Santorum: Backing '96 Specter run not ‘one of my prouder moments'

video platformvideo managementvideo solutionsvideo player


Video remarks begin at 16:38.

GOP presidential candidate Rick Santorum said Sunday morning that his support for former Sen. Arlen Specter's 1996 presidential run "wasn't one of my prouder moments I look back on," and said he now wishes he never offered his support.

Santorum spoke on ABC's "This Week" after a clip was played in which Specter said he wanted to get the abortion debate "out of politics." Santorum could be seen in the background, applauding.

ADVERTISEMENT
"I was his colleague in the United States Senate, he asked me to stand with him," Santorum said. "That certainly wasn't one of my prouder moments I look back on.

"But, you know, you work together as a team for the state of Pennsylvania, and I felt that… Sen. Specter stood up and supported me when I was running in 1994, and I did likewise.

"I certainly knew that Arlen Specter was going nowhere, I certainly disagreed with a lot of things that he said, and it was something I look back on and wish I hadn't have done."

Thirteen years after running for president from the Republican side, Specter joined the Democrats in 2009, and later voted for the 2010 healthcare law supported by President Obama. Specter wrote in a book to be released this month that President Obama did not help him in his 2010 Senate reelection bid, and that Senate Majority Leader Harry Reid (D-Nev.) did not honor a promise to acknowledge his seniority when it came to committee leadership assignments among Democrats.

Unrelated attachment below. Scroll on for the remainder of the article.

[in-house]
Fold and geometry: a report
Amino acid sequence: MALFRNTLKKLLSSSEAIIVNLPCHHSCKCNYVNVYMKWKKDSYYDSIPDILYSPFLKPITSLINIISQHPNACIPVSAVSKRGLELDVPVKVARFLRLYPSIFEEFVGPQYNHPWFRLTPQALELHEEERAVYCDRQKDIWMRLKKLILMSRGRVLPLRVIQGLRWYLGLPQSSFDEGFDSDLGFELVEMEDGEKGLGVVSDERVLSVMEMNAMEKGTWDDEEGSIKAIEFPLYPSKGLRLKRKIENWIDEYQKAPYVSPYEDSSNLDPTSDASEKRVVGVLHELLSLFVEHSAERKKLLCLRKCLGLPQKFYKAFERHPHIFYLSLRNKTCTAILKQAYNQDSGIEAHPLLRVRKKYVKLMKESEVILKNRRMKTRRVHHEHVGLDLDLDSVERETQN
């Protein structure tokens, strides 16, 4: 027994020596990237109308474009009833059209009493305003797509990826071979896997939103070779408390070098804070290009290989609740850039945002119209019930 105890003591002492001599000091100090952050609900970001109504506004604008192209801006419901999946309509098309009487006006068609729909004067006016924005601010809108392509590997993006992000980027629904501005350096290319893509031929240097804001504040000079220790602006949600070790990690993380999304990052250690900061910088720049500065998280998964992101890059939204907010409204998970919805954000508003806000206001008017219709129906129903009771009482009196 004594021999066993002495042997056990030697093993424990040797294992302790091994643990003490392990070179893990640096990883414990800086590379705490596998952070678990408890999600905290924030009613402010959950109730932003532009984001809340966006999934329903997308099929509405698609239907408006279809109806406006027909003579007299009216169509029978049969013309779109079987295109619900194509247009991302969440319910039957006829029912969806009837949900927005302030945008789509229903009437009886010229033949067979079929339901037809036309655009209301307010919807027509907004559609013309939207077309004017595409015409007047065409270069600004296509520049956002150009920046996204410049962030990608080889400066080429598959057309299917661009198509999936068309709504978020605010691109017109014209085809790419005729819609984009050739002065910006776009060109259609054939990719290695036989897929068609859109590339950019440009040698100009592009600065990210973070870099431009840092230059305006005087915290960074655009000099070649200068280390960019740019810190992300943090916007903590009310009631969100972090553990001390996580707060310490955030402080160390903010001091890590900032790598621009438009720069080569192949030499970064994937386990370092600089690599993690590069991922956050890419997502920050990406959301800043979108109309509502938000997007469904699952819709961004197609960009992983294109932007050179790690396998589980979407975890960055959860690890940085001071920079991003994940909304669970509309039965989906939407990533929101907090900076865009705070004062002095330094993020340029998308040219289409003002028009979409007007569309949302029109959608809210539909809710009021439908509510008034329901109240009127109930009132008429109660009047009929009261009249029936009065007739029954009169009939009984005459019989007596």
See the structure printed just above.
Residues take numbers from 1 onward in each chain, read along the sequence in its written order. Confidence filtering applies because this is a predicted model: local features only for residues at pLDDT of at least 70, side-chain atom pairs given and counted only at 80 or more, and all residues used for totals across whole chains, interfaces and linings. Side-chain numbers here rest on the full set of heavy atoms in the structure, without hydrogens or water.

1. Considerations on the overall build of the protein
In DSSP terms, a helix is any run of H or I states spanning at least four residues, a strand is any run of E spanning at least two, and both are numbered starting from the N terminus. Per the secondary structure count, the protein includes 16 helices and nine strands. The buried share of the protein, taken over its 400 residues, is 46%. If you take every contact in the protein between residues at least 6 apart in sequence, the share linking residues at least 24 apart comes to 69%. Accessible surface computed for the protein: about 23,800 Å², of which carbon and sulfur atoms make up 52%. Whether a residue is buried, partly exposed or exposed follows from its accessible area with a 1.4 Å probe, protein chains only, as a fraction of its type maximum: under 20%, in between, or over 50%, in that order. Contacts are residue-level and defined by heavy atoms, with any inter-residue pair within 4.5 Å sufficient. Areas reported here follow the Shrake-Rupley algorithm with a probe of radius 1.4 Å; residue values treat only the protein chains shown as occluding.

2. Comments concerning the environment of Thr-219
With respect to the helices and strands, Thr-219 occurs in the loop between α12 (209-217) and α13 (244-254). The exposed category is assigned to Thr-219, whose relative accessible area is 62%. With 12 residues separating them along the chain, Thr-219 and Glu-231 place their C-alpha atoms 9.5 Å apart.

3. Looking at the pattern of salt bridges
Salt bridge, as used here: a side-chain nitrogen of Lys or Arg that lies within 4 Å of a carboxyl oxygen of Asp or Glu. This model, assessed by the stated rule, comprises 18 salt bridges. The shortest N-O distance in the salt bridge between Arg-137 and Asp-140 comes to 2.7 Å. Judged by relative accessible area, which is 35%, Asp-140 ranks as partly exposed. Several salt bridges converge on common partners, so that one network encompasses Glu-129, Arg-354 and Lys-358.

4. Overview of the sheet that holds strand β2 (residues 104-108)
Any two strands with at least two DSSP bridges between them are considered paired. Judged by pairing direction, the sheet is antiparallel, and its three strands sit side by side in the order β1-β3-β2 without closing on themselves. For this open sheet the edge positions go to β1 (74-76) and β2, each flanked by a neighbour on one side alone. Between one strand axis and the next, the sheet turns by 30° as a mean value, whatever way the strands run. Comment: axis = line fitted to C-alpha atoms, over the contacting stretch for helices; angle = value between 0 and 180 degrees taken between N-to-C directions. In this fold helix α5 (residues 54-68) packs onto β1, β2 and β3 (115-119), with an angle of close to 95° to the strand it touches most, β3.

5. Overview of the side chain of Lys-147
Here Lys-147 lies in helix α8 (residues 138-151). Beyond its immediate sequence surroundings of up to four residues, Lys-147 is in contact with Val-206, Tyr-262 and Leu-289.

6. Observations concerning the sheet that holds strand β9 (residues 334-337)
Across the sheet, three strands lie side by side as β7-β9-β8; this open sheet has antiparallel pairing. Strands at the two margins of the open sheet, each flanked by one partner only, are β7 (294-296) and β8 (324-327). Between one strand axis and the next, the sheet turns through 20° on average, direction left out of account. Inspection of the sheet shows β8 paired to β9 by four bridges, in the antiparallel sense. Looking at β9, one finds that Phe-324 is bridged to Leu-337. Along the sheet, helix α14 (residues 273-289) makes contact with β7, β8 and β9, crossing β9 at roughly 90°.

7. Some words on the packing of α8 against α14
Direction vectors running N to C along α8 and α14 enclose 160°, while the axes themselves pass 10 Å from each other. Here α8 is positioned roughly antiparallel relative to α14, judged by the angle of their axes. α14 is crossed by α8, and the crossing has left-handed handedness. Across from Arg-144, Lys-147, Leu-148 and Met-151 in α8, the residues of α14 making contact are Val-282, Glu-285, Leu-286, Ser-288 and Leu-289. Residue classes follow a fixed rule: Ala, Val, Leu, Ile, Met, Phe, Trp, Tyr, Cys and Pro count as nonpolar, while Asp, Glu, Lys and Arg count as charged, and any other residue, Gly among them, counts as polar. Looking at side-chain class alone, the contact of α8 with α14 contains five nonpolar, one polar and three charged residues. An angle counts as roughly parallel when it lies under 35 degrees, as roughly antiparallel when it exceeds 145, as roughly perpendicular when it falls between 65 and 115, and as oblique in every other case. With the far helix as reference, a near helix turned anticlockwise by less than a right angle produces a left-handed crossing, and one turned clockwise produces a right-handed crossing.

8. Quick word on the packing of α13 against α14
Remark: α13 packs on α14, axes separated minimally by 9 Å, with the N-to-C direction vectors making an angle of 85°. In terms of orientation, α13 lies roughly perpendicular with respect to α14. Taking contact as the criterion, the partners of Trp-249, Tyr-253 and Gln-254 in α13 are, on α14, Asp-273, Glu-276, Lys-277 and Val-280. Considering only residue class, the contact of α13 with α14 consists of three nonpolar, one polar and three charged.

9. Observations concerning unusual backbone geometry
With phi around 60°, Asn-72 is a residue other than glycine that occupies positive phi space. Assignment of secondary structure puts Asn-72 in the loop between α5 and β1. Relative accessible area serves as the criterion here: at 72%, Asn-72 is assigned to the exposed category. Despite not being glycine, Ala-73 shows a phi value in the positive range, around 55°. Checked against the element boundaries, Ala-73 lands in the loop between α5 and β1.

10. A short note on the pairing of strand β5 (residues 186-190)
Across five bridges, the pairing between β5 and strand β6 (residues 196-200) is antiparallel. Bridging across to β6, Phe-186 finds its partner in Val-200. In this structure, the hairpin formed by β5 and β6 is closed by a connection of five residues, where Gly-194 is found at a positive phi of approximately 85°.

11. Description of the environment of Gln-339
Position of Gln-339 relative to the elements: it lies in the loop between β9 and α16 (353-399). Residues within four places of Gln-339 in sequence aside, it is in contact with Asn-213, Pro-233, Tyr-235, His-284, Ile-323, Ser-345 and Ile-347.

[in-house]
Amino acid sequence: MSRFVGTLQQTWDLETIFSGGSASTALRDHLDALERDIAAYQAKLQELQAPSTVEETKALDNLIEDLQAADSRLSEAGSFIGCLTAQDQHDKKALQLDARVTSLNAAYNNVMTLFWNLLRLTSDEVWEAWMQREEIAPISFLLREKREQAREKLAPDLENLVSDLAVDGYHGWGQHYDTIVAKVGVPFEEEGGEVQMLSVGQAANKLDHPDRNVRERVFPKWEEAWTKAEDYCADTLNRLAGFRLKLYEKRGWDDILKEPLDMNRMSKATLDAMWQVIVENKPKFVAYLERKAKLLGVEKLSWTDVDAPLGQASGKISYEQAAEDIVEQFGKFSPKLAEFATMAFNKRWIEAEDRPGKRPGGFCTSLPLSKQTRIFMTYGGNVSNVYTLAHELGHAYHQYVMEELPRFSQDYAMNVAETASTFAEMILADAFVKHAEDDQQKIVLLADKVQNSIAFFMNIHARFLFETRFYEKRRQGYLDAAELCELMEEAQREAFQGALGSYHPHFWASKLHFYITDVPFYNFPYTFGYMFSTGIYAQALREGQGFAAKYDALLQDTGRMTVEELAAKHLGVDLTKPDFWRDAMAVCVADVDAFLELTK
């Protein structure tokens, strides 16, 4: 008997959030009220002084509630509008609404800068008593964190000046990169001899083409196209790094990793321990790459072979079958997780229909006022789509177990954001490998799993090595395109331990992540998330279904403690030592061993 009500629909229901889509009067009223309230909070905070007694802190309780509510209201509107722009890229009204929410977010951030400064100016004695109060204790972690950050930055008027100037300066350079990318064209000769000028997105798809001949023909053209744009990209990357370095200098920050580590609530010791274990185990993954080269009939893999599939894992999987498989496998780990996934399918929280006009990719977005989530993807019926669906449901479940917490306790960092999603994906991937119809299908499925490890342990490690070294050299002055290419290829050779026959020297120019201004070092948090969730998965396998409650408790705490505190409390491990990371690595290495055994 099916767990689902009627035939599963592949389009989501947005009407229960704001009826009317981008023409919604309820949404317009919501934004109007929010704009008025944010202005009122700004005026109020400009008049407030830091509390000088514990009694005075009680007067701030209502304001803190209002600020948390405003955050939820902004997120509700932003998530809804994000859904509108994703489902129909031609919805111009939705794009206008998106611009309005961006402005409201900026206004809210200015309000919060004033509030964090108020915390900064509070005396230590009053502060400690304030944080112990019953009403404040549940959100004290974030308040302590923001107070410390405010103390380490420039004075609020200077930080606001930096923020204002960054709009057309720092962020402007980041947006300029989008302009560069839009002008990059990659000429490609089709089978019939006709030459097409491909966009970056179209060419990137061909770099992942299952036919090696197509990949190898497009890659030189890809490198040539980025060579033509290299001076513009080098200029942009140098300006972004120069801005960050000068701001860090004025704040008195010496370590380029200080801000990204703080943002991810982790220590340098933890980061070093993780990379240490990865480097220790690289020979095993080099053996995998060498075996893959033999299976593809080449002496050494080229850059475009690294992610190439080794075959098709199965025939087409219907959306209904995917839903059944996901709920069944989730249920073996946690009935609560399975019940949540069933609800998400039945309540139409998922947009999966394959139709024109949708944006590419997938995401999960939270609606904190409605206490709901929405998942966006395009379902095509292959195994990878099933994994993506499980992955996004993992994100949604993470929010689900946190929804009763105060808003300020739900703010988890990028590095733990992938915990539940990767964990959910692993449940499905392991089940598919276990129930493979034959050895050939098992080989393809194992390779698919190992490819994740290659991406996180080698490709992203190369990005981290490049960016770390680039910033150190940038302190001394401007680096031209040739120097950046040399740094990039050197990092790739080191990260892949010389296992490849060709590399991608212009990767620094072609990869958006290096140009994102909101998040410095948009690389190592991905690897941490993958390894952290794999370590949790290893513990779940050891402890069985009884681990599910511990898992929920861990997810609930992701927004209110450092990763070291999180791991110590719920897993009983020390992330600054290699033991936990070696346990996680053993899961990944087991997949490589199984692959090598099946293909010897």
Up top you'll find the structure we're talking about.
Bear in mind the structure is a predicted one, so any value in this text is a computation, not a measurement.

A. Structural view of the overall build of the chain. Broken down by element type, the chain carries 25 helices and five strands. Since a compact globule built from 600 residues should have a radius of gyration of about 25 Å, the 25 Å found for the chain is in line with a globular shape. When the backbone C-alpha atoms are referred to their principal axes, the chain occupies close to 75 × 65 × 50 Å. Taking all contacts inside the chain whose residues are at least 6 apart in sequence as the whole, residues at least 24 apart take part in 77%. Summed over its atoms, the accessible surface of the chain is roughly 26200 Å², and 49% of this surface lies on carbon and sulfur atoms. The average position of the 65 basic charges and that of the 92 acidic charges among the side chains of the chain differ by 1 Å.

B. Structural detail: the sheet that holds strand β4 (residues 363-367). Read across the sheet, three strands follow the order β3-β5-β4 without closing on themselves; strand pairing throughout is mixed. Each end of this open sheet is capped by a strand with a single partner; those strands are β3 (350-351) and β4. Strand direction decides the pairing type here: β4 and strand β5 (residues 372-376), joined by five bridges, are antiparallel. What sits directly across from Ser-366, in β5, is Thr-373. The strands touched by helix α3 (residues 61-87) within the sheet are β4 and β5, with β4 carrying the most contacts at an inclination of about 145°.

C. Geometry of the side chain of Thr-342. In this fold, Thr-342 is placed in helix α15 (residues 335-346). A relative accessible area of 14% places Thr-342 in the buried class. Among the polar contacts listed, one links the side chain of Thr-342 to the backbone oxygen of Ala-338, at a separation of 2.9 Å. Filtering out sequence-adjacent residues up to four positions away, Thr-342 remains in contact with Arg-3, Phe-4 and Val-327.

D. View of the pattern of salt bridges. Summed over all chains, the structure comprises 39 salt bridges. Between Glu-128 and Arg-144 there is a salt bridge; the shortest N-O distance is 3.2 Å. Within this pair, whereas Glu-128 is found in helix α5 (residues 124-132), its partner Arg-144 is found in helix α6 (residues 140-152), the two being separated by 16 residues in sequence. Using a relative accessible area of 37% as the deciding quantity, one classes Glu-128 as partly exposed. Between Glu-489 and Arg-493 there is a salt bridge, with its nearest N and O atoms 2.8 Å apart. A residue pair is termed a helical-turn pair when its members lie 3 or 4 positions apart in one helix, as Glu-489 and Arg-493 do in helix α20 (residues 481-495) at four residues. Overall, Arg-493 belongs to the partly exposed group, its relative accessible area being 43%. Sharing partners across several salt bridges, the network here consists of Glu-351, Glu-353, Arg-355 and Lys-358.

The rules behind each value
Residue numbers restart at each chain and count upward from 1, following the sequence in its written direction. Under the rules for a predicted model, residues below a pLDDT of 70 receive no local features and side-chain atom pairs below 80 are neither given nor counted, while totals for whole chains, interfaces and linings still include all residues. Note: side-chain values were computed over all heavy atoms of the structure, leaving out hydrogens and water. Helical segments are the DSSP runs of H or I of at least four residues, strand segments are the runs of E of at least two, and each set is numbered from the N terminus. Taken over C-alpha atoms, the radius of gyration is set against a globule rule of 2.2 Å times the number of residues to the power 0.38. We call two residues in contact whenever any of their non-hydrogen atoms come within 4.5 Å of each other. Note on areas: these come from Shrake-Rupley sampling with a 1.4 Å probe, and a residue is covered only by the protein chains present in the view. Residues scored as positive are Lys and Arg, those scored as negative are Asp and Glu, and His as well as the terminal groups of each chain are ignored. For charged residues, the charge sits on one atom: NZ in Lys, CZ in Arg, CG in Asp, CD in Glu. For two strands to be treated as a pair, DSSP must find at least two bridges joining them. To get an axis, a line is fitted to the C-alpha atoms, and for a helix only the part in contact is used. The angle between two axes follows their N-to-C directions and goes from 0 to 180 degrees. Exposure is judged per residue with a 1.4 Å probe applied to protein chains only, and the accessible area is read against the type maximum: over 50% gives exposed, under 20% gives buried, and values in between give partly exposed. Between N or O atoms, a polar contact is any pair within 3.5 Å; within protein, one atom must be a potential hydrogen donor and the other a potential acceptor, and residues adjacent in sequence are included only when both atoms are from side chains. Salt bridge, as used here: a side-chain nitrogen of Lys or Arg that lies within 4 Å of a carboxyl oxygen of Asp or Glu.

RELATED: Brokered GOP convention could energize base, say some insiders


Santorum also used his time on ABC to charge that GOP frontrunner Mitt Romney and President Obama have very similar records, and there are are few differences between the two on the big issue of government control.

"The same issues I'm out there campaigning on against Gov. Romney are the same issues I'm in a campaign against Barack Obama on, which is the government overreach in healthcare, and cap-and-trade, trying to control the manufactured energy sector of the economy, and of course the bailouts," he said. "All of these things are… unfortunately, Gov. Romney and Barack Obama are in the same place."

He added that he would love a chance to debate Romney on his own to point this out, and said Romney is on record as defending health insurance mandates, an element in the 2010 healthcare law.

"I'd love to be able to get one on with with Gov. Romney and expose the record that would be the weakest record you could possibly put up against Barack Obama," he said.


RELATED: Santorum: Obama DOJ favors 'pornographers over children'